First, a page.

Bob Baker's Indie Music Promotion Blog

News, notes and ideas on music marketing, self-promotion, artist empowerment and more

April 11, 2007

The Truth About Music Industry Upheaval

Last night I read about a major battle within the music industry. New technology and changing trends were clashing with the established system. No, it wasn't about the state of music in 2007. Nor was it about 1999 or even 1984.

It was 1942.

That was the year the American Federation of Musicians (the musicians union) ordered its members to stop recording until the record companies agreed to pay them each time their music was played in jukeboxes or on the radio. It took more than two years for the biggest labels (Victor and Columbia) to fully settle so musicians could return to the studios.

Swing and big band music was on the way out and, largely because of the ban, the heyday of vocal music was about to be ushered in.

According to this page on the web site:

"Just as the record ban began, saxophonist Charlie Parker and trumpeter Dizzy Gillespie had just found their way into uncharted jazz territory. They were wowing small groups of listeners with their innovative new sound, but because of the record ban, only their collaborators and a few dedicated fans would hear the music they had created, which came to be known as bebop."

Why this history lesson?

We tend to think that whatever changes are taking place in the present moment are the biggest and most impactful ever. While it's true that change occurs at ever increasing rates, and the music shift going on today is truly dramatic, it's also important to realize that it's nothing new.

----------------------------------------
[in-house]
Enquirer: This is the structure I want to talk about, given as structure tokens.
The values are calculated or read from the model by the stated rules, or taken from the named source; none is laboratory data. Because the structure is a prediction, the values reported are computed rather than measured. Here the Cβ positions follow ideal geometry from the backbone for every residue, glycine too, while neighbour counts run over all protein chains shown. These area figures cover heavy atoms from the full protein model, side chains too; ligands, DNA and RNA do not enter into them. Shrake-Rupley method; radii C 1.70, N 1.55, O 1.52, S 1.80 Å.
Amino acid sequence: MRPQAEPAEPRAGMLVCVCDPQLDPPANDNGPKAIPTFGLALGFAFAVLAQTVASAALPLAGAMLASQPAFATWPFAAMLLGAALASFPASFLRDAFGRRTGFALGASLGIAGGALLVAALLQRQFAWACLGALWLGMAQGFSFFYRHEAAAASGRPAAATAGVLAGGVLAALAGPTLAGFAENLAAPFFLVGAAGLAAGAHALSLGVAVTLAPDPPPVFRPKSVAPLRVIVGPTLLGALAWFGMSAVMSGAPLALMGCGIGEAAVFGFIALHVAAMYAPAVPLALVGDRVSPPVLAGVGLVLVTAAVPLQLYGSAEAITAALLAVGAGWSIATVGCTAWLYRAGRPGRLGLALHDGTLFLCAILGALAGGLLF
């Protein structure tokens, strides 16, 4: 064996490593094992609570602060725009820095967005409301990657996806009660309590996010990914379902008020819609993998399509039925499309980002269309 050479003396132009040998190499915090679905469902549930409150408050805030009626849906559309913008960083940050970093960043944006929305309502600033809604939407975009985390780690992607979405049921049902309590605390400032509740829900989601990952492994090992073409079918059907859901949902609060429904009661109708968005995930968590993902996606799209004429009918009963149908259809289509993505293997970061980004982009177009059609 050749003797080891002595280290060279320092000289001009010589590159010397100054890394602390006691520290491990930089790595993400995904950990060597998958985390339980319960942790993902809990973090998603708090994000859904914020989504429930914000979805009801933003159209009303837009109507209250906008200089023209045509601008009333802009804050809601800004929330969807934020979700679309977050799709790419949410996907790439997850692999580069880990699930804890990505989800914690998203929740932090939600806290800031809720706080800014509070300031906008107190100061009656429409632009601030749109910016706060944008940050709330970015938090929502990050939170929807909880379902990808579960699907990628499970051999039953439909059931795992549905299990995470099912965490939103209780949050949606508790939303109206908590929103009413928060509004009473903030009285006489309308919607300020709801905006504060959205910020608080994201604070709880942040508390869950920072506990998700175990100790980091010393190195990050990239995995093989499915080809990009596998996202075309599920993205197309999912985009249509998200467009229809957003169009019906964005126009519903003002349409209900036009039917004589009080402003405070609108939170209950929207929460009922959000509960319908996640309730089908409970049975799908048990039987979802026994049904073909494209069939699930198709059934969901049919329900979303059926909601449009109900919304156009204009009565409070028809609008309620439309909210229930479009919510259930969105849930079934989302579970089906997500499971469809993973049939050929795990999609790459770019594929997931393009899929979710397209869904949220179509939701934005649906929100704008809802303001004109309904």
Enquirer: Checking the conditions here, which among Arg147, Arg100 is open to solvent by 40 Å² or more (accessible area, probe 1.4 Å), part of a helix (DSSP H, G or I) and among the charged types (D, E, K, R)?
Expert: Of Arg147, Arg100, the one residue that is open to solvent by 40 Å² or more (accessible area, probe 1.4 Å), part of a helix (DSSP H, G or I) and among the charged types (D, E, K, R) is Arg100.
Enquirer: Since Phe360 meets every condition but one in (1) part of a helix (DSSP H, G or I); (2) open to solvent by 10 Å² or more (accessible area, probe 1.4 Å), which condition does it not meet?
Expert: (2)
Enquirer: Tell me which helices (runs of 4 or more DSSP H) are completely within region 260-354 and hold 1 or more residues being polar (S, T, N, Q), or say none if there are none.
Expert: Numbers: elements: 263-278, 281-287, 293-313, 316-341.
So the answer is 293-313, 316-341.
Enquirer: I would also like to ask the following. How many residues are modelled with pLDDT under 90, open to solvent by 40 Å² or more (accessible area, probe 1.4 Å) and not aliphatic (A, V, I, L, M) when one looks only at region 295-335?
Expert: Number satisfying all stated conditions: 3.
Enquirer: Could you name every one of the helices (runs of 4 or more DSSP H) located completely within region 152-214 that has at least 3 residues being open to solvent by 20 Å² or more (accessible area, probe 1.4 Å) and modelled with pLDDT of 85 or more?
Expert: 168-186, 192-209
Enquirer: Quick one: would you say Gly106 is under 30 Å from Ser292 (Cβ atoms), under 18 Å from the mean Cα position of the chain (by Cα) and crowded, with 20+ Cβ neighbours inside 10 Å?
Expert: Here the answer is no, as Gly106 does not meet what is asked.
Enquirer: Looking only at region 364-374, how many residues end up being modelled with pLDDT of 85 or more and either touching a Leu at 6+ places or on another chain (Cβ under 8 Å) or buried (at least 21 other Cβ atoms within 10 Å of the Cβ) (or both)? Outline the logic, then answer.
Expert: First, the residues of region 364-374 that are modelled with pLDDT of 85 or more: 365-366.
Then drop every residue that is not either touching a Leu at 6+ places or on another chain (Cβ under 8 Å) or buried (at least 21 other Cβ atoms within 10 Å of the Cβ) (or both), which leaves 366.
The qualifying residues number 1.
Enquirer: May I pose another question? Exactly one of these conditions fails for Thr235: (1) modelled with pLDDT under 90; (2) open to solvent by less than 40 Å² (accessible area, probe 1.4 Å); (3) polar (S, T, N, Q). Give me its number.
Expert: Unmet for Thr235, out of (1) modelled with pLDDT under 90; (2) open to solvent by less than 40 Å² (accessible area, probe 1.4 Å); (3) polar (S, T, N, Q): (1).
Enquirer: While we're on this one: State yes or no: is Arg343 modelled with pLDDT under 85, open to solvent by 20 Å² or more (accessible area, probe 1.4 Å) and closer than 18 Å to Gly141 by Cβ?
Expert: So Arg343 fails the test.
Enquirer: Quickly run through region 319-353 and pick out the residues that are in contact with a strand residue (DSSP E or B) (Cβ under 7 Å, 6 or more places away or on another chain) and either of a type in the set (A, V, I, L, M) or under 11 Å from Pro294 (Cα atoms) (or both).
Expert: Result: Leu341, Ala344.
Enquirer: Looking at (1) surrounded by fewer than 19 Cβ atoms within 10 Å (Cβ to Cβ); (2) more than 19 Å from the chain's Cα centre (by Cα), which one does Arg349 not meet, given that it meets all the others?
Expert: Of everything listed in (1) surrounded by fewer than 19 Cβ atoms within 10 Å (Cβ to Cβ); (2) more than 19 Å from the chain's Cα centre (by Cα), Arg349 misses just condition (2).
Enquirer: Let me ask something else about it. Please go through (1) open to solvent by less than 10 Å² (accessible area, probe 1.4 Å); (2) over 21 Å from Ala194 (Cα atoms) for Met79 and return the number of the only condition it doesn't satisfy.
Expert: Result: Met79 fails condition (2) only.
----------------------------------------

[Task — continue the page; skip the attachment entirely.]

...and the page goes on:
It happened with the invention of the gramophone. It happened with swing and big band. It happened with Sinatra, Elvis and The Beatles. It happened with the introduction of the cassette and the CD. It happened again with the widespread use of MP3 files and iPods. It's happening right now.

And whenever these dramatic shifts happen, you'll find innovative musicians (like Parker and Gillespie) who continue to forge new paths regardless of what's happening with "the industry" at the time.

What new path are you forging?


posted by Bob Baker @ 9:03 AM   3 comments


At Apr 19, 2007 9:57:00 PM, Blogger Marc Gunn said...

That's an inspiring reminder, Bob!

At Aug 2, 2007 7:14:00 PM, Blogger DaNelle said...

I agree with the comment above!

Danelle Harvey

At Apr 13, 2009 11:44:00 AM, Anonymous Quinton Sheer said...

Who would U say are the innovative musicians today? Those we should look to?


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